The head of oil major Total warned of tougher safety rules that could push up crude prices as the first storm of the Atlantic hurricane season compounded the impact of the Gulf of Mexico oil spill.

The storm cast more crude into beaches and marshes and left BP Plc unlikely to resume cleanup efforts for a fourth day.

Total CEO Christophe de Margerie said it remained necessary to drill in deep-water fields to meet global demand for fuel.

Our policy is clearly toward zero risk, the Wall St Journal quoted de Margerie as saying on Friday. All this means ... potential additional costs, he said, warning oil prices could reach $90 a barrel by year end.

As Hurricane Alex dissipated over Mexico, authorities and residents along the U.S. Gulf Coast faced a sudden surge in oil contamination of their shores.

BP and U.S. Coast Guard officials said they would probably need to wait until Saturday to put most of their spill-response teams back to work on skimming oil, spraying dispersants, rescuing wildlife and burning petroleum at sea.

Robert Dudley, chief of BP's Gulf Coast restoration efforts, said high seas and winds were propelling the landward advance of the far-flung oil slick.

It has brought in oil, unfortunately, from the panhandle of Florida to Louisiana ... at a higher rate than it has been over the last few days, he said in a live PBS online interview.

However BP moved closer to agreement with environmental groups and the U.S. Coast Guard on measures to prevent sea turtles from being killed in controlled burns of spilled oil.

A deal would settle a lawsuit accusing BP of violating the U.S. Endangered Species Act and terms of its lease with the federal government for the well which ruptured on April 20, unleashing the worst offshore spill in U.S. history.


Like Dudley, Coast Guard Commander Charles Diorio said he doubted sea conditions would be calm enough to resume full-scale cleanup and containment efforts on Friday.

Operations will likely be curtailed, Diorio told reporters. We expect the seas to start to calm down as we get into Friday and further into the weekend.

Those operations, involving nearly 43,000 personnel and more than 7,000 vessels, were halted on Tuesday as weather conditions worsened with the approach of Alex.

Meteorologists have warned that this hurricane season, which began on June 1, is likely to be one of the most intense in years, with as many as five major tropical storms expected.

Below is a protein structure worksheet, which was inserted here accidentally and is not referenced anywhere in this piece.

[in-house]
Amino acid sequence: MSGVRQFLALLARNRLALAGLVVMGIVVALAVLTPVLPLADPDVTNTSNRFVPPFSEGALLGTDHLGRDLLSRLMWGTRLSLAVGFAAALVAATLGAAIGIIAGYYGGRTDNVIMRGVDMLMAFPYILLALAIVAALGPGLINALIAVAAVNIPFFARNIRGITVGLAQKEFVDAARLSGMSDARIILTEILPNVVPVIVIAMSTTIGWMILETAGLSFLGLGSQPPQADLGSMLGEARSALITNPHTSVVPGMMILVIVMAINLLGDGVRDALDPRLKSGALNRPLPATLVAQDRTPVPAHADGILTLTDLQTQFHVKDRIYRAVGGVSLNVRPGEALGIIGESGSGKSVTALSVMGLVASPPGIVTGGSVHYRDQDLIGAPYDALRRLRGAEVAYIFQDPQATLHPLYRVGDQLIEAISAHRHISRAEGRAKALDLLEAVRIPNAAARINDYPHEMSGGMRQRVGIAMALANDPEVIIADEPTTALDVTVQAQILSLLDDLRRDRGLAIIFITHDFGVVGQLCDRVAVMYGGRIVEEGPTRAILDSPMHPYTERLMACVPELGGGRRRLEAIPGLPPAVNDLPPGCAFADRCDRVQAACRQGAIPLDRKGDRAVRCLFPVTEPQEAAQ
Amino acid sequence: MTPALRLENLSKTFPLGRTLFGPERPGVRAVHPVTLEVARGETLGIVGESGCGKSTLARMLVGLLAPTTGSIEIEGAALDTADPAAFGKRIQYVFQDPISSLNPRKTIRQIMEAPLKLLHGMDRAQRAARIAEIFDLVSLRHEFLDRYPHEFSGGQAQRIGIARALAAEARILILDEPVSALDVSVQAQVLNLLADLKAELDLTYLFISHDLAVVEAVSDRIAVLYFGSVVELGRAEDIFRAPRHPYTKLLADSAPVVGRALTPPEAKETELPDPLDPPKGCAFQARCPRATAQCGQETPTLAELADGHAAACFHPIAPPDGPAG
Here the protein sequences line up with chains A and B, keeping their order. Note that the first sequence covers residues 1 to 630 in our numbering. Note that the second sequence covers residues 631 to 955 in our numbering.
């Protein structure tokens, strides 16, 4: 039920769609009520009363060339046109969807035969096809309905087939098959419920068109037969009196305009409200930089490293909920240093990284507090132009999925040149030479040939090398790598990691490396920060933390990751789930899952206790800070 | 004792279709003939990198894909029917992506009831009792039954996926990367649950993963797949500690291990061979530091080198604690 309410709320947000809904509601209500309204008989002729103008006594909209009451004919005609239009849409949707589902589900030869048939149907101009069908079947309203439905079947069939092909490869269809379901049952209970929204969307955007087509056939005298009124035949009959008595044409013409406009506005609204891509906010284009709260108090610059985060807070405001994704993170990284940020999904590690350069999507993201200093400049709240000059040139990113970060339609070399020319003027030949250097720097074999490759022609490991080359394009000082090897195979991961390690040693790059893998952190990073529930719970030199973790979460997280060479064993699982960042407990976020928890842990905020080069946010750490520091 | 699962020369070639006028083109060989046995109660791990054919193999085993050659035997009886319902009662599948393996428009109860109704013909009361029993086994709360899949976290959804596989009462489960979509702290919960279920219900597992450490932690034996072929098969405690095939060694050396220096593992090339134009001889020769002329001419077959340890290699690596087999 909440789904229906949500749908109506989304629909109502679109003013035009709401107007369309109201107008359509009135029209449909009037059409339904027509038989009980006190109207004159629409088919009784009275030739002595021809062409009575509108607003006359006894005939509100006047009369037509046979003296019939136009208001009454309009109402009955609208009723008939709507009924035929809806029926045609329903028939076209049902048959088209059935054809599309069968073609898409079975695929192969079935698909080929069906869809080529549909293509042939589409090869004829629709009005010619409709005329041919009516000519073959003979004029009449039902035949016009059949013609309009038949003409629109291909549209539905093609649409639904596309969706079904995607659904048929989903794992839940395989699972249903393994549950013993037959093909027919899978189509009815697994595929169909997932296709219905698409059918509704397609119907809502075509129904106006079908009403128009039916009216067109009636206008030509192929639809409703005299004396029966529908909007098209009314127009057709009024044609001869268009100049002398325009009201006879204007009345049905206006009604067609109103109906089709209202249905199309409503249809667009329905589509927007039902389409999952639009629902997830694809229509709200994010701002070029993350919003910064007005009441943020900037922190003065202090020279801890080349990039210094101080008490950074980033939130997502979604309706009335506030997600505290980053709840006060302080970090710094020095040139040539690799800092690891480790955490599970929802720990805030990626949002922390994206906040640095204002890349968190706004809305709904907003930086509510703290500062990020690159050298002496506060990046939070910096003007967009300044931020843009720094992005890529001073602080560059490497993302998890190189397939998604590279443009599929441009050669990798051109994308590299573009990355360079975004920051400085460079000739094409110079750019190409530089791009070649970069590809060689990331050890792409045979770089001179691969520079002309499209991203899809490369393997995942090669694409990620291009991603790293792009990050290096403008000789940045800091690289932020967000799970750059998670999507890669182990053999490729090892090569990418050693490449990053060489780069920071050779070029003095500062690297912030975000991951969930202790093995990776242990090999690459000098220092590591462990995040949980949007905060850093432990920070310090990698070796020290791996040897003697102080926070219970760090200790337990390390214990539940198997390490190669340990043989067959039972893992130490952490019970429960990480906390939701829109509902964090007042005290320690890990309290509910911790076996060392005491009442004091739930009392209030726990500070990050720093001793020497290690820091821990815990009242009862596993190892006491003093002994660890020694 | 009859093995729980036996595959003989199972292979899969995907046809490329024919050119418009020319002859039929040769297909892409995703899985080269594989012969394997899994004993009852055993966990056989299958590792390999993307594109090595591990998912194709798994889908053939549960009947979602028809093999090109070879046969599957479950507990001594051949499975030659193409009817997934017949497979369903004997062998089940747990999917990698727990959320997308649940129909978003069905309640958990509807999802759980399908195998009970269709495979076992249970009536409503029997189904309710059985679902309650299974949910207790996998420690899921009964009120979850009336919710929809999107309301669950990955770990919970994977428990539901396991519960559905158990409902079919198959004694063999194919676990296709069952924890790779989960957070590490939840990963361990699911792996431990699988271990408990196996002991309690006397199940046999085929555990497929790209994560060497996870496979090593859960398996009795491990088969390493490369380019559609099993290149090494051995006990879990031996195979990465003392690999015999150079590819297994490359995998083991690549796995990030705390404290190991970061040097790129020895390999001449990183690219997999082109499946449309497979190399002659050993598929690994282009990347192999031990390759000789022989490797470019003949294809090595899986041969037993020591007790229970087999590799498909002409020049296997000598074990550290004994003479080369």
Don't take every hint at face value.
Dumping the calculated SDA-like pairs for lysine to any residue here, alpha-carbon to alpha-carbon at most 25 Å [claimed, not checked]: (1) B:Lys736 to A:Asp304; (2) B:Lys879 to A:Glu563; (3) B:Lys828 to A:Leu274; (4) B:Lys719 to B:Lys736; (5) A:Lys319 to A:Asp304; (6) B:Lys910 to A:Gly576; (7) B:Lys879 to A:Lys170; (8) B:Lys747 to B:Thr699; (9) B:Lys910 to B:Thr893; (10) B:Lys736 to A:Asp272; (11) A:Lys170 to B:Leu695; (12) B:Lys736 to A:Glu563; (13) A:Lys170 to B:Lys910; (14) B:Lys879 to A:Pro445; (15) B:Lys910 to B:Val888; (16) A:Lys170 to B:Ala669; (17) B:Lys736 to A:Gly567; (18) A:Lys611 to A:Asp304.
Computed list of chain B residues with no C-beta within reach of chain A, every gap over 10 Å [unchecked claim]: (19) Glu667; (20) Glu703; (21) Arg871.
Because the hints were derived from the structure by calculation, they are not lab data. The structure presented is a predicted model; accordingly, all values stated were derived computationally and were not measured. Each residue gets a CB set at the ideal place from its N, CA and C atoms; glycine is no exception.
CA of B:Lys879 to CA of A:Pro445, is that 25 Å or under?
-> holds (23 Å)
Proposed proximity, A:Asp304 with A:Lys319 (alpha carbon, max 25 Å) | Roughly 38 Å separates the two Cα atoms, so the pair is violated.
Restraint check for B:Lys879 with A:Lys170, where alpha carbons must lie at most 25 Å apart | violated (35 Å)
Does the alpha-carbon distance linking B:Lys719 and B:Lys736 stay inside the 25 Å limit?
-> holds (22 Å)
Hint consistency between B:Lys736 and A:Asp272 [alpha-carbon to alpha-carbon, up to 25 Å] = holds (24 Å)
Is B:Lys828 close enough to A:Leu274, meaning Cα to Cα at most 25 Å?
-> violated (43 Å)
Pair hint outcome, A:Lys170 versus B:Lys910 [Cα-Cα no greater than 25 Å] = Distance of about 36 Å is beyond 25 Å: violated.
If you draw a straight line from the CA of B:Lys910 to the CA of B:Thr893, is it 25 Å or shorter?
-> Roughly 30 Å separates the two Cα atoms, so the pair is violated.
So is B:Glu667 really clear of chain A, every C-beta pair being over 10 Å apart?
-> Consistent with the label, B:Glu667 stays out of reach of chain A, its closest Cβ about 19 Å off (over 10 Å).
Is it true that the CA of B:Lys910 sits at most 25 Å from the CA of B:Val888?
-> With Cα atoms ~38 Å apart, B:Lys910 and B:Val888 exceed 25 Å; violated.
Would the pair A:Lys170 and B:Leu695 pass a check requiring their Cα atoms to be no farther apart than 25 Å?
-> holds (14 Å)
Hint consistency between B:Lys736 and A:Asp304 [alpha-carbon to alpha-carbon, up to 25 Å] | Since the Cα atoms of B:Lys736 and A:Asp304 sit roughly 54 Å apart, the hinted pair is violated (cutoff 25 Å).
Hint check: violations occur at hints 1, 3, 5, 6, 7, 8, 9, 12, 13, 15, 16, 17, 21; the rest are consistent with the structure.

Any one of them could seriously compound an environmental and economic disaster unleashed by the explosion that demolished the Deepwater Horizon drilling rig and killed 11 crew members.

Millions of barrels of crude have gushed from the floor of the Gulf since then, bringing much of the region's fishing industry to a halt, strangling its tourist trade, soiling its beaches and killing wildlife.

A hoped-for halt to the flow of oil is still weeks away and BP's finances have taken a beating as the crisis wears on.

The company's market capitalization has shrunk by about $100 billion and its shares have lost more than half their value since the spill began. But shares have shown signs of stabilizing and were little changed in London trading on Friday, up 0.1 percent at 328.25 pence by 1016 GMT.

The White House is expected to release details of a revised moratorium on deep-water drilling in the next few days. A federal court order last week blocked the government's initial ban on drilling exploratory and development wells in waters more than 500 feet deep and a revised plan could still face legal challenges.


Rough weather spawned by Alex has delayed plans by BP to expand the volume of oil being siphoned from its ruptured wellhead on the Gulf floor.

But the drilling of two relief wells aimed at plugging the leak by the middle of next month has continued.

Government officials estimate between 35,000 barrels (1.47 million gallons/5.56 million liters) and 60,000 barrels (2.5 million gallons/9.5 million liters) of oil pour from the undersea geyser daily.

BP's current oil-funneling systems, which continued to function through the storm, can handle up to 28,000 barrels daily and its planned addition could raise that to 53,000.

The storm surge from Alex also pushed more of the slick toward the northwest, in the direction of Mississippi and Louisiana, after a week in which the oil had crept mainly toward the northeast, washing up on Florida Panhandle beaches.

Mississippi officials on Thursday closed down the last open portion of that state's territorial marine waters to all commercial and recreational fishing, citing an increase in the amount of oil driven ashore by the storm.

In a development BP hopes will enhance its oil-collection efforts, a supertanker converted to operate as a giant oil skimmer will be given a test run on Saturday.

The 1,100-foot (335 meter)-long vessel, owned by TMT shipping of Taiwan and dubbed the A Whale, can collect 500,000 barrels (21 million gallons) a day of contaminated water, spill response officials said.

(Additional reporting by Matt Bigg in Boothville, Louisiana, John Parry in New York, Jane Sutton in Miami, Alyson Zepeda, Bruce Nichols and Eileen O'Grady in Houston, Leigh Coleman in Mississippi, and Richard Cowan and Matt Spetalnick in Washington; writing by Steve Gorman and David Holmes; editing by Doina Chiacu and Karen Foster)